Defendants’ contention was that they were entitled to reformation of a contract because a page was inadvertently left out of the asset purchase agreement. The missing page detailed long term liabilities which Defendants claimed the Plaintiff was obligated to pay. Defendants argued that the failure to pay constituted a violation of the accompanying Promissory Note and Security Agreement, and relieved them from their obligations under their non-compete agreements.
The Motion for Judgment on the Pleadings filed by the Plaintiff asserted that even if reformation was allowed, the only remedy for Defendants was for Plaintiffs to pay the liabilities listed on the missing page. Judge Diaz held:
The Court disagrees. While there is a strong presumption in favor of correctness of an instrument as written, Hice, 301 N.C. at 651, 273 S.E.2d at 270, a “court’s principle [sic] objective is to determine the intent of the parties to the agreement.” Holshouser v. Shaner Hotel Group Props. One Ltd. P’ship, 134 N.C. App. 391, 397, 518 S.E.2d 17, 23 (1999).’
Moreover, when a court reforms an instrument, the general rule is that ‘”[t]he rights of the parties are measured by the instrument as originally intended, and the effect of the reformation, as a whole, is to give all the parties all the rights to which they are equitably entitled under the instrument that they intended to execute.” 66 Am. Jur. 2d Reformation of Instruments § 9 (2007) (citing Gurske v. Strate, 87 N.W.2d 703 (Neb. 1958)).
Thus, if Defendants establish by clear, cogent and convincing evidence that, because of a mutual mistake, the APA does not reflect the true intention of the parties at the original date of execution with respect to the long-term liabilities to be assumed by Plaintiff, they would be entitled to (1) have the agreement judicially reformed to correct the mistake, and (2) seek full relief for Plaintiff’s alleged breach of the APA and related contract documents. Long, 178 N.C. at 506, 101 S.E. at 13 (stating that when reformation is granted, the court not only corrects the contract as written, but enforces it in its amended form).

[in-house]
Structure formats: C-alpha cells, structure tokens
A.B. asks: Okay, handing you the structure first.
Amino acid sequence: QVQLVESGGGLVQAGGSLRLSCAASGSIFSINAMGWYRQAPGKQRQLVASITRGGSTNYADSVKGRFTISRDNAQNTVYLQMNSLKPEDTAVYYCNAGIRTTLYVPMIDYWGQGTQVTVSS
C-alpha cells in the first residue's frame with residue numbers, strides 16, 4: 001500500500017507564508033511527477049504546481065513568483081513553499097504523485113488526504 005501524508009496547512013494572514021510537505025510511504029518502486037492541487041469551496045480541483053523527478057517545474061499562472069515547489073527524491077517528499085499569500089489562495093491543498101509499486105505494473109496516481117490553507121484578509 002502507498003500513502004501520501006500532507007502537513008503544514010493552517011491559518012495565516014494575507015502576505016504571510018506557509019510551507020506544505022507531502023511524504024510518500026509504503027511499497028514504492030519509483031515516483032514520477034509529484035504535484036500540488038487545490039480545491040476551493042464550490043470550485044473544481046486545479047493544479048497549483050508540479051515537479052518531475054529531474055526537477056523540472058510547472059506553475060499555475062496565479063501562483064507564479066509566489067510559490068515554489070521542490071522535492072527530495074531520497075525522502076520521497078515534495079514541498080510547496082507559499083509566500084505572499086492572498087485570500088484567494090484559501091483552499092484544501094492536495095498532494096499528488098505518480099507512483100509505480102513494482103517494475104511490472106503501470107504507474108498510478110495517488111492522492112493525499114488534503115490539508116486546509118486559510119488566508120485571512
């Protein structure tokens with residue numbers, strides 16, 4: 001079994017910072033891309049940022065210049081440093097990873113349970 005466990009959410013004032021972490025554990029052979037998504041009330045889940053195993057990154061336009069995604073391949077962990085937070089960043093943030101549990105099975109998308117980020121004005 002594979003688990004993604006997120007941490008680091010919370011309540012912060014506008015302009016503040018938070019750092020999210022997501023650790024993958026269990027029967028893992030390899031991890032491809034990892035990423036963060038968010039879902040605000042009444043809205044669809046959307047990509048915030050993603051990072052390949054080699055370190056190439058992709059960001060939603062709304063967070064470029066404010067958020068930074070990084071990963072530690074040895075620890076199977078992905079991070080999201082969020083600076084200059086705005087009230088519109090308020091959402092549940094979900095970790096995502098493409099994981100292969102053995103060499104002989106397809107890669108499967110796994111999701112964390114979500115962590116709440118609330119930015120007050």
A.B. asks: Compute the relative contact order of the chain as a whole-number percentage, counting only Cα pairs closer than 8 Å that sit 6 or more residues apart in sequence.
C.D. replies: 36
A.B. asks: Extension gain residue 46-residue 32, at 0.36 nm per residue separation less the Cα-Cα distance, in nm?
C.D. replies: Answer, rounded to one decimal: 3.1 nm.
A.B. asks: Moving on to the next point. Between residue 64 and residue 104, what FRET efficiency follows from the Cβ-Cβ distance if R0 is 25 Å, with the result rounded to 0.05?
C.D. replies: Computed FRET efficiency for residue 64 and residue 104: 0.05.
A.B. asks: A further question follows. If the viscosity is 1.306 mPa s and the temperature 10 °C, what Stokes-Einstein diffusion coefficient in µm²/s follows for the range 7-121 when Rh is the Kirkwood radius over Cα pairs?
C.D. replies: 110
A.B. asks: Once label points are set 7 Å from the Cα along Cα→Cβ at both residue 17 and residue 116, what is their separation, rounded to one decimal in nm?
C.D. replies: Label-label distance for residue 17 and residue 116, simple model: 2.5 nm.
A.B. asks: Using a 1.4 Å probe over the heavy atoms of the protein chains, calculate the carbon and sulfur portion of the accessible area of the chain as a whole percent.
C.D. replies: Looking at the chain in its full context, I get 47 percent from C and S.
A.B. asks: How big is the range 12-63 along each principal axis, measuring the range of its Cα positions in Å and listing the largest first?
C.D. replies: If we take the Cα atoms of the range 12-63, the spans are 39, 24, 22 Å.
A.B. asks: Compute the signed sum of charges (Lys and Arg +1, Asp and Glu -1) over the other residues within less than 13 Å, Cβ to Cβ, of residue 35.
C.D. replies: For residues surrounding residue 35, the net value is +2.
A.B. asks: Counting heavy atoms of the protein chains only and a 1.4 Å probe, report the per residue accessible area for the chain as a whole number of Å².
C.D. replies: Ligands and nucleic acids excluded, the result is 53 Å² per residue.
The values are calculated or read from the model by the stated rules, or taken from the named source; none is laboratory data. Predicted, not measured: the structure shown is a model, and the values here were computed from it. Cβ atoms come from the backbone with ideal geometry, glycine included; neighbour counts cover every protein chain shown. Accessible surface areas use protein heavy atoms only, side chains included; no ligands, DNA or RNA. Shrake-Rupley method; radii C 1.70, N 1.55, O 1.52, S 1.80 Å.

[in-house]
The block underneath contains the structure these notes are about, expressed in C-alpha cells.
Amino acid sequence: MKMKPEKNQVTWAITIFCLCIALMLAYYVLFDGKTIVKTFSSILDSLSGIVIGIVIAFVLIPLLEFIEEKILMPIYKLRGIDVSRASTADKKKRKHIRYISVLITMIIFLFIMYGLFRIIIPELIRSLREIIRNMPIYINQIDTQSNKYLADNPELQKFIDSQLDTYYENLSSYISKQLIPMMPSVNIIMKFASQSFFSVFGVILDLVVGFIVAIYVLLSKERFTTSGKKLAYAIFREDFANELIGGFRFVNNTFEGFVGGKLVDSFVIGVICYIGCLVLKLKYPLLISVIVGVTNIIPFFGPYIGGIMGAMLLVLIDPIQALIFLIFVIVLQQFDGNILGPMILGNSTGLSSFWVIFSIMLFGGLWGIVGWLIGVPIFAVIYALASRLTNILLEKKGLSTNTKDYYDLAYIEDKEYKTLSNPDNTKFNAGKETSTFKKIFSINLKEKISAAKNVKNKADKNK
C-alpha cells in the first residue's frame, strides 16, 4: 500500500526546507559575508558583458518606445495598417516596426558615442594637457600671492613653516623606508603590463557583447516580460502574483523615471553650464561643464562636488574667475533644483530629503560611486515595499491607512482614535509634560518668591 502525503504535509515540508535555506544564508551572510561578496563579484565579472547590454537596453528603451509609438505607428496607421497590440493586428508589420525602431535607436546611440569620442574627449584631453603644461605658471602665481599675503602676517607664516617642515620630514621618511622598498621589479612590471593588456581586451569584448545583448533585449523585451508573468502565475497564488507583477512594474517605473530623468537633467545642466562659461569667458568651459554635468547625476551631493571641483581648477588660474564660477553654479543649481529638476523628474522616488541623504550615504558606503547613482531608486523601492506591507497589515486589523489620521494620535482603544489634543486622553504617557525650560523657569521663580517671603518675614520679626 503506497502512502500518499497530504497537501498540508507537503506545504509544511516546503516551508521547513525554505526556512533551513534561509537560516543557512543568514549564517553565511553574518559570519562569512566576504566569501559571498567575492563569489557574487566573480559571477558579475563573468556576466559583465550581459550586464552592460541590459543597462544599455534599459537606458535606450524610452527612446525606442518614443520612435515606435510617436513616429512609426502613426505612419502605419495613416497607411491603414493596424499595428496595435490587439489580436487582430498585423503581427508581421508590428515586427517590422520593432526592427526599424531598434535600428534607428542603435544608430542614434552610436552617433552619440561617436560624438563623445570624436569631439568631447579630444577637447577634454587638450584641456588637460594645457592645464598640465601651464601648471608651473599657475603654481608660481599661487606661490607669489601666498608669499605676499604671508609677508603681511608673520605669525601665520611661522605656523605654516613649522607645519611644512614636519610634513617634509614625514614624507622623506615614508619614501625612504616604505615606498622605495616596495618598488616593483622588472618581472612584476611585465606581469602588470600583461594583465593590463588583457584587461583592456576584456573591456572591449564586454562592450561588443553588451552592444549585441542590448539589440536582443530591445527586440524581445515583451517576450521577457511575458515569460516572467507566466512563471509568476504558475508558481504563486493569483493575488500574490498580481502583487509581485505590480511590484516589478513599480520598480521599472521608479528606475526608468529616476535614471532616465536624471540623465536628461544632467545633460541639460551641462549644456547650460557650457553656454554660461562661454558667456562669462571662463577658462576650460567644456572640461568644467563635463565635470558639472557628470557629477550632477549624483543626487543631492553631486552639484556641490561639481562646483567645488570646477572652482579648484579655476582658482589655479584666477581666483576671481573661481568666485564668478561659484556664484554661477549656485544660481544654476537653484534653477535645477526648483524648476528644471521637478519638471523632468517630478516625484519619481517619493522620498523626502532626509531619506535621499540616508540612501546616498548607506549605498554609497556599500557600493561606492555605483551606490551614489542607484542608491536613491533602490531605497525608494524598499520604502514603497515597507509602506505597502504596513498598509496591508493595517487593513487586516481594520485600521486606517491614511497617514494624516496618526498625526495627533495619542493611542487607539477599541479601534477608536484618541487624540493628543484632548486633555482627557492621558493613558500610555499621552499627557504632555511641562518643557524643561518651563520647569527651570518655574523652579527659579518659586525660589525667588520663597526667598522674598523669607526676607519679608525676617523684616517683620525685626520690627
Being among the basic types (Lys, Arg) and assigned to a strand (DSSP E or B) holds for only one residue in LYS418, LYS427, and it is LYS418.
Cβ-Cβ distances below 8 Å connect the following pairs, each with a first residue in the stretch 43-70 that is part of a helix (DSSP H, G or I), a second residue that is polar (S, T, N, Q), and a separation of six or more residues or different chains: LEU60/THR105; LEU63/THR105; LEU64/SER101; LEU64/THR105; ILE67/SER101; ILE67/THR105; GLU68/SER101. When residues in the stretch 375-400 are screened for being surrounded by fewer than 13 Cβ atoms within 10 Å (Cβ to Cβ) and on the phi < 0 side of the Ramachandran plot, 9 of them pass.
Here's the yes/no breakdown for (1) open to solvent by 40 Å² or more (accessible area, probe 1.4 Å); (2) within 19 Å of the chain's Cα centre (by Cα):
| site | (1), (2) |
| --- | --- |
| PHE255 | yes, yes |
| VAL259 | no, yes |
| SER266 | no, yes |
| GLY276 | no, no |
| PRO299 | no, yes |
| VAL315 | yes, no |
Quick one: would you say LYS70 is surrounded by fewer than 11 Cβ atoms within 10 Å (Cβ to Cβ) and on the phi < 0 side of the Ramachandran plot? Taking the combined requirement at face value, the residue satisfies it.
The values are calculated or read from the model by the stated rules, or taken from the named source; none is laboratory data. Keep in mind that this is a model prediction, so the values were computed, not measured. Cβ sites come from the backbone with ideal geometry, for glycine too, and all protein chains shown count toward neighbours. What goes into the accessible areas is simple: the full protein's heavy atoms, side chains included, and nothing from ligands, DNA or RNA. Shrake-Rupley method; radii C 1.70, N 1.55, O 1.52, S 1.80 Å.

The Court dismissed an unfair and deceptive practices claim by one of the Defendants, who asserted that the Plaintiff had diverted funds rendering the Plaintiff unable to meet its contractual obligations to him. The Court held that "A-1’s alleged accounting misdeeds arguably relate to matters of internal corporate governance, which are insufficient to sustain a UDTPA claim." The Court further held that the claim was nothing more than one for breach of contract, stating "it does not matter that the purported breach resulted from A-1’s alleged accounting irregularities, as that fact alone is insufficient to elevate a contract dispute into an UDTPA claim."